Country diversity represents the number of distinct countries where a biotech company has formed alliance partnerships. For example let's observe a firm that has formed partnerships with a U.S firm, then another U.S. firm then a Canadian firm. After the first alliance the country diversity index is 1. After the second alliance the country diversity index is still 1 since it has already formed an alliance with a U.S. firm. After the third alliance, the country diversity index is 2 because there are 2 countries that the German firm has formed alliances within. As we see from Table 1 and Fig. 2 German biotech firms form alliances with partners from a variety of countries, although U.S. firms dominate by numbers.
In order to test our hypotheses H2-H5 about moderating effects we constructed four multiplicative interaction terms. The first is the number of prior alliances multiplied by the number of prior international alliances. The second is the number of prior alliances multiplied by the number of prior private alliances. The third is the number of prior alliances multiplied by the number of multiple partner alliances. The last is the number of prior alliances multiplied by country diversity (the number of distinct countries in prior alliances). As with the dependent variable, the values of all of the primary independent variables were taken at the end of each calendar year. We therefore condensed the more detailed information contained in our event history structure into series of annual observations.
We included as controls a number of variables at the firm and industry level known or expected to affect the network position but not included in our hypotheses. One firm-level control was age, measured as the number of days since the founding or qualification of the firm. The second control variable was size, measured by the number of employees the firm reported employing. We used two variables to measure the absorptive capacity of a firm to control for her ability to recognize the value of new, external knowledge, assimilate it, and apply it to commercial innovations (Cohen and Levinthal 1990).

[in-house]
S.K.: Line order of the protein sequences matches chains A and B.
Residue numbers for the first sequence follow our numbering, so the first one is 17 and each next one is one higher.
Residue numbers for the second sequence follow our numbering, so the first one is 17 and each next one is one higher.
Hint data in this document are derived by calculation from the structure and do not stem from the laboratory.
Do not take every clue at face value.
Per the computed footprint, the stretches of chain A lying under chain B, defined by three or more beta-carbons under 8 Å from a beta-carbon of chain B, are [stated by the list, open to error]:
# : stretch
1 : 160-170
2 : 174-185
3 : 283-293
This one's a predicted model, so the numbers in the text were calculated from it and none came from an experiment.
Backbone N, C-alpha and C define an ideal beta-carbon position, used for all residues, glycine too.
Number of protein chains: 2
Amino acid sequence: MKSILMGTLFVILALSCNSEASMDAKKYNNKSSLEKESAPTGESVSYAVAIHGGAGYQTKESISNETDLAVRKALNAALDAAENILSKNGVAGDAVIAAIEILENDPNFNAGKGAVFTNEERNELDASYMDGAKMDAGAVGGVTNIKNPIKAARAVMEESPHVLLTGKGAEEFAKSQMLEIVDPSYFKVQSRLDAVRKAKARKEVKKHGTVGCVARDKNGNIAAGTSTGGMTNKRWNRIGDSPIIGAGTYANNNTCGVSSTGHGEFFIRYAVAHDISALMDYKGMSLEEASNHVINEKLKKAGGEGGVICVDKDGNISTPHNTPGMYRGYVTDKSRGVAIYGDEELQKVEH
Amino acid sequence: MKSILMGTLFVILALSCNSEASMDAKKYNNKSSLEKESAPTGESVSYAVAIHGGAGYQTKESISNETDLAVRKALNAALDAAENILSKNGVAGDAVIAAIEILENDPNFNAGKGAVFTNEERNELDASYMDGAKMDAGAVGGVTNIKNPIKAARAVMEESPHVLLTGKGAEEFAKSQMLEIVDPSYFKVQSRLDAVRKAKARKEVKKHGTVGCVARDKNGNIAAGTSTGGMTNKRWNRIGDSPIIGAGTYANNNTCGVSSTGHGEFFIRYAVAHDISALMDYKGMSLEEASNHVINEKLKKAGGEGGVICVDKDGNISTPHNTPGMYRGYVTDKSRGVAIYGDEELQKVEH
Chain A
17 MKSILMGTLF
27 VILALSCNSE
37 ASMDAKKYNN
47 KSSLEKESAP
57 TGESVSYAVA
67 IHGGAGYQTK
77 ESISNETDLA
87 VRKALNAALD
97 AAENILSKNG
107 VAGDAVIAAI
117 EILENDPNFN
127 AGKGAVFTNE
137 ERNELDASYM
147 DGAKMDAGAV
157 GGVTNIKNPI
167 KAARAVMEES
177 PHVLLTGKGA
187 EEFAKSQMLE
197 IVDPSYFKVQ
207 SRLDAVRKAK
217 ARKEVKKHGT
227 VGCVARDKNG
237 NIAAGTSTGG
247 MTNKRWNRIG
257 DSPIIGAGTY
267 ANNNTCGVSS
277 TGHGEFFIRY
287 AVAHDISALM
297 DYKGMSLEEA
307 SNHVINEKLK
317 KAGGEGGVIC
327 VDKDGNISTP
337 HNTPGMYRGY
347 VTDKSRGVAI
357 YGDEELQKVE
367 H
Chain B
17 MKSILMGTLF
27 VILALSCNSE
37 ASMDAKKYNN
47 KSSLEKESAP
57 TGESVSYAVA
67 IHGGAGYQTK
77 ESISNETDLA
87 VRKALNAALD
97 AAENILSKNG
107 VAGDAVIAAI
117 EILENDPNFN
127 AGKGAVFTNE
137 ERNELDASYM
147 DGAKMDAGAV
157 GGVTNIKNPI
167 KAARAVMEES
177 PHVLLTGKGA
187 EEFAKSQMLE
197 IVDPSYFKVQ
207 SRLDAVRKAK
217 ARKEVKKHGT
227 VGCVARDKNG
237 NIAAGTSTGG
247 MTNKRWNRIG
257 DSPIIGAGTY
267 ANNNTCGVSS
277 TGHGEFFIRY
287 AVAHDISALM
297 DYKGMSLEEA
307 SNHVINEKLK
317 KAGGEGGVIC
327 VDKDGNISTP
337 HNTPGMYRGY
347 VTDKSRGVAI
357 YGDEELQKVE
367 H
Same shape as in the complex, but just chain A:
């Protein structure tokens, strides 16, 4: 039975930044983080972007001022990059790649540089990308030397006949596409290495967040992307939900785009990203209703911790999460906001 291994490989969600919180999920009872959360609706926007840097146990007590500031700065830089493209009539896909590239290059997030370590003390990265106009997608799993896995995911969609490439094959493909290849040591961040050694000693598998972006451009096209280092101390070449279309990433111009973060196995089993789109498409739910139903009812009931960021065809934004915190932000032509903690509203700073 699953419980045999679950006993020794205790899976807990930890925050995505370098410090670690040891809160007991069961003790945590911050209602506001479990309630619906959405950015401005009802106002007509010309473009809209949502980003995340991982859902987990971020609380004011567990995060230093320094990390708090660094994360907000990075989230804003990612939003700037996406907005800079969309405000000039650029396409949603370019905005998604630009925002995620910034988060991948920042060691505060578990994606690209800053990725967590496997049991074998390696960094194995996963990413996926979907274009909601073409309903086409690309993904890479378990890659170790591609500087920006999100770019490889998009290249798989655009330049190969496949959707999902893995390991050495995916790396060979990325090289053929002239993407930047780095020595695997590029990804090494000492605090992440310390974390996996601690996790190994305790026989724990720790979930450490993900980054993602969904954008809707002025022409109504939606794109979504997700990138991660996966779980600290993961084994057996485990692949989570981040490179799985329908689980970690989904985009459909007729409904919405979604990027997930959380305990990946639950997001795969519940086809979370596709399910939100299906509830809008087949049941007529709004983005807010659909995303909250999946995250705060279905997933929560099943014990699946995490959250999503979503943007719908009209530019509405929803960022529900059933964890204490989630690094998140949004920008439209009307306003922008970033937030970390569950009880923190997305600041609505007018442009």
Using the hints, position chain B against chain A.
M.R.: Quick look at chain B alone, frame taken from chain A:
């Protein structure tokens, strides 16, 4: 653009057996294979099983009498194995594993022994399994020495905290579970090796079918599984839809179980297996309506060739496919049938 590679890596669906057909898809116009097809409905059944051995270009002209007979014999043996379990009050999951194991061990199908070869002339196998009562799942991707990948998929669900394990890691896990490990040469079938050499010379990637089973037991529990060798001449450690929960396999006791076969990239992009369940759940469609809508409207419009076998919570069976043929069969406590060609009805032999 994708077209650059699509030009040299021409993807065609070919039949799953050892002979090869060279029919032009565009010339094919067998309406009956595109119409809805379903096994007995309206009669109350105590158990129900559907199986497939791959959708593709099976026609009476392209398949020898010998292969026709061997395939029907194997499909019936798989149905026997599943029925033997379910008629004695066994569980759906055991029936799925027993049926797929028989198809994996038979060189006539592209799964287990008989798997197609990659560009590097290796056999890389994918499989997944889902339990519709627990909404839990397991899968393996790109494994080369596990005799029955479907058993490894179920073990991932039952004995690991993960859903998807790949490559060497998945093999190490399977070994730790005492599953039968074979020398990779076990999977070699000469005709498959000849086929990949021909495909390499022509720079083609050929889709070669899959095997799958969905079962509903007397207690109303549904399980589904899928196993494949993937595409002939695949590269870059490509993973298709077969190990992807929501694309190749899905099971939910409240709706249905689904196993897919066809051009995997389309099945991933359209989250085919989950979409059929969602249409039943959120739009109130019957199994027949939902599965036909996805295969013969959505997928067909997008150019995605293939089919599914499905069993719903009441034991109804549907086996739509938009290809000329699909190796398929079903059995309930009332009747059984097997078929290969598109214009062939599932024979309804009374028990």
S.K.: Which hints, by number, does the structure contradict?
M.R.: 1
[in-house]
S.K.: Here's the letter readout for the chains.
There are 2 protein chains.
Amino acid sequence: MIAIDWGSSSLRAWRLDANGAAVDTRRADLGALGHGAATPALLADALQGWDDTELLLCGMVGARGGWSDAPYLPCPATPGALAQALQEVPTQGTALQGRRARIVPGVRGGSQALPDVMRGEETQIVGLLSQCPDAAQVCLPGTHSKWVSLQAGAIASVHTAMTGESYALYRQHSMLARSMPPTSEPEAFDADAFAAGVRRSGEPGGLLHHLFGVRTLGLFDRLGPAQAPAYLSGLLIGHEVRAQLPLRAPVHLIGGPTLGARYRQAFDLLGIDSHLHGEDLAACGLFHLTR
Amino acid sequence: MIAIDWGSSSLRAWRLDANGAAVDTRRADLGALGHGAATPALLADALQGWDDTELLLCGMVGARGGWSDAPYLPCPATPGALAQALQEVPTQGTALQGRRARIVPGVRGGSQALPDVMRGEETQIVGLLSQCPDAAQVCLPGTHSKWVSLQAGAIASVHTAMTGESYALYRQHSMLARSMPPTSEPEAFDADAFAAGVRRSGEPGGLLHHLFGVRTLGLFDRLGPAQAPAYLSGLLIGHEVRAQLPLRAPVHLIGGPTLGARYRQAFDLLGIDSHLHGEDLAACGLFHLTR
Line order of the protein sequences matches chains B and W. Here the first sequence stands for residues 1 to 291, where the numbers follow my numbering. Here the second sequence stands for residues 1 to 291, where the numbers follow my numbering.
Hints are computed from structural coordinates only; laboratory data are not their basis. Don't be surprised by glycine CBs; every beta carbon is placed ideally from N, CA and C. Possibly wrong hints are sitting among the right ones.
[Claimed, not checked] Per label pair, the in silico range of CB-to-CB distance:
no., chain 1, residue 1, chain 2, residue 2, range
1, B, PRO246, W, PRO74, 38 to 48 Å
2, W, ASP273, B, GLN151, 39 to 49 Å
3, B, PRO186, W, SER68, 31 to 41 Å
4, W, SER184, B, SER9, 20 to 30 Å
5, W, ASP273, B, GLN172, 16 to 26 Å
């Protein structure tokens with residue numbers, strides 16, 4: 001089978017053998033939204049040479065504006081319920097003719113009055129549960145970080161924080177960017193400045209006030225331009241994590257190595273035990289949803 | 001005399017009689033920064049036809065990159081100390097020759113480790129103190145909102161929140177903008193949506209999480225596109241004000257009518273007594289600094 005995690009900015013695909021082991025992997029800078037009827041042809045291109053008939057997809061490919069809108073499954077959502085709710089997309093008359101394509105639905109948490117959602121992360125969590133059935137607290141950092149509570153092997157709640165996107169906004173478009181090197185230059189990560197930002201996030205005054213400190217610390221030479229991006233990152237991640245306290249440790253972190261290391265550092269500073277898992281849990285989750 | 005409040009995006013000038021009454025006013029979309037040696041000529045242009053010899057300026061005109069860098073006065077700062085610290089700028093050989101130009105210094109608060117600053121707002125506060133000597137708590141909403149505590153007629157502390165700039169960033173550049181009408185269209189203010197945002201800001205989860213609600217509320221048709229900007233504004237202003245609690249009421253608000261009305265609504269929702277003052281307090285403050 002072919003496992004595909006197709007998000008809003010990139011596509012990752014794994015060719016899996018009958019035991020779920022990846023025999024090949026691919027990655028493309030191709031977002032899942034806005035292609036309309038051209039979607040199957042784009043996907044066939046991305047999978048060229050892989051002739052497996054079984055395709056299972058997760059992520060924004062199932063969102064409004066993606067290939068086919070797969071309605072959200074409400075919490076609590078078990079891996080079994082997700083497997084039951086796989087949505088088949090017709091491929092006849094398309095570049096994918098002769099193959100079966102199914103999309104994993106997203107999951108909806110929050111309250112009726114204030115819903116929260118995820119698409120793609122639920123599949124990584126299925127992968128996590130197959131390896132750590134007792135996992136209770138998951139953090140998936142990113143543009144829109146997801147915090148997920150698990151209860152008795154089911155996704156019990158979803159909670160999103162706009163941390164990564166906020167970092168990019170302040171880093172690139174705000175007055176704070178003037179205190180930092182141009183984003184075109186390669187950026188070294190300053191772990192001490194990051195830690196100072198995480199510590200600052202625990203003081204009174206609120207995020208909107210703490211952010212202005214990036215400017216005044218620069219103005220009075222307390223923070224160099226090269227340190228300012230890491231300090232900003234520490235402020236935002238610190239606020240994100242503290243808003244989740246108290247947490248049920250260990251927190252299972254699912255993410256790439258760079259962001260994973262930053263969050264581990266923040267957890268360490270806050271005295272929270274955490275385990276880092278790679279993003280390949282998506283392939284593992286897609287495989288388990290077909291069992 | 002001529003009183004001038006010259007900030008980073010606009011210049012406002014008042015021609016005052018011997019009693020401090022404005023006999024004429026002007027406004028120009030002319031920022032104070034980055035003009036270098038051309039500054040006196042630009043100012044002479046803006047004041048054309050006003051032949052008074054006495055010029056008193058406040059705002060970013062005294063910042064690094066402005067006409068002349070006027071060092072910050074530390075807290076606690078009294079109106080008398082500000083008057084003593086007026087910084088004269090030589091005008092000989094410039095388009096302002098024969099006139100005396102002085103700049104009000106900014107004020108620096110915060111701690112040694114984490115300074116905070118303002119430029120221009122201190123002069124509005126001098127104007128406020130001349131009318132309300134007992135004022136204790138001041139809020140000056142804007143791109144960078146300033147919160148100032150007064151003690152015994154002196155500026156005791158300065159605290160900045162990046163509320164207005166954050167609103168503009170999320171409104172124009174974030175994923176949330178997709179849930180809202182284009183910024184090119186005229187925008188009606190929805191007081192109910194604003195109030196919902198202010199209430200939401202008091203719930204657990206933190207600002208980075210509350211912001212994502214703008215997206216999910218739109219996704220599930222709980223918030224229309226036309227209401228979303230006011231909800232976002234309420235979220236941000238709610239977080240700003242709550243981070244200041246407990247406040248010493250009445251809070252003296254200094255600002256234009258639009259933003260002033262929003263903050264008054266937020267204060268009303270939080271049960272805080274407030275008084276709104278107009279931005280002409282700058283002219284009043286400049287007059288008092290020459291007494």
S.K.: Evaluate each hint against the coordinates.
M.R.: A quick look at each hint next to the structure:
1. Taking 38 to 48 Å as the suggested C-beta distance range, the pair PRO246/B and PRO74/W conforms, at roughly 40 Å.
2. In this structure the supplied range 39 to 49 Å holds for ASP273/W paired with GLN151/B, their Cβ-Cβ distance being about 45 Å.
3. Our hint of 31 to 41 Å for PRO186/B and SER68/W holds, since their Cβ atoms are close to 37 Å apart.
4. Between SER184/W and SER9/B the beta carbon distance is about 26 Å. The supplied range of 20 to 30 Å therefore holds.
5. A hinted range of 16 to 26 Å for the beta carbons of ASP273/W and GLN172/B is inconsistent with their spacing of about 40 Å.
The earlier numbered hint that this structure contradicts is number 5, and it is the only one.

[FIGURE 2 OMITTED]
The first of these was the number of research domains of the firm as an indicator of the breadth of the knowledge base of the firm. We used the self-reports of firms compiled in the Yearbook records to classify each firm e.g. genetic diagnostics, polymer protein coating, tissue engineering, among others. The number of research domains in which firms were active was a simple count. The second control for absorptive capacity was technological sophistication of the firm as an indicator of the complexity of her technological knowledge base. To measure the sophistication of technological capabilities we coded the laboratory types firms reported to utilize. We therefore follow Casper (2000) and argue that the sophistication of a biotech firm's technological knowledge is to a great part reflected in the technological sophistication and complexity of the laboratories and research facilities it uses. A total of 8 laboratory types was used to classify each firm: Chemical lab, chemical-biological lab, L1, L2 and L3-Lab, S1, S2 and S3-Lab. These Lab-Typs are classified according to the requirements of the German Ministry for Education and Research. Among these classifications, L3 and S3 laboratories reflect the highest technological complexity and security standards. We therefore constructed a dummy indicating whether the firm was utilizing a L3 or S3 laboratory. The annual number of corporate patents granted in genetic engineering was used to measure cumulative patent activity.
On the industry level we included density measures of the regional clusters the biotech firms are located in. To measure the density of the local clusters we coded for the number of Core-Biotechnology firms, universities, private or public research institutes, laboratory equipment and materials suppliers, consulting firms such as IT-Services and management consultants, and financial institutes located in the same 2-digit postal code area as the firm. Clustering at the 2-digit level represented a compromise between a smaller geographic region such as the 5-digit postal code such as the city and a larger region such as the "Bundesland" (state). To measure the variety of the local supporting cluster we constructed the Herfindahl index as follows: 1 - [summation][p.sup.2.sub.i] where the [p.sub.i] represents the proportion organizational category i in the 2 digit postal region. The values of all of the control variables were also taken at the end of each calendar year.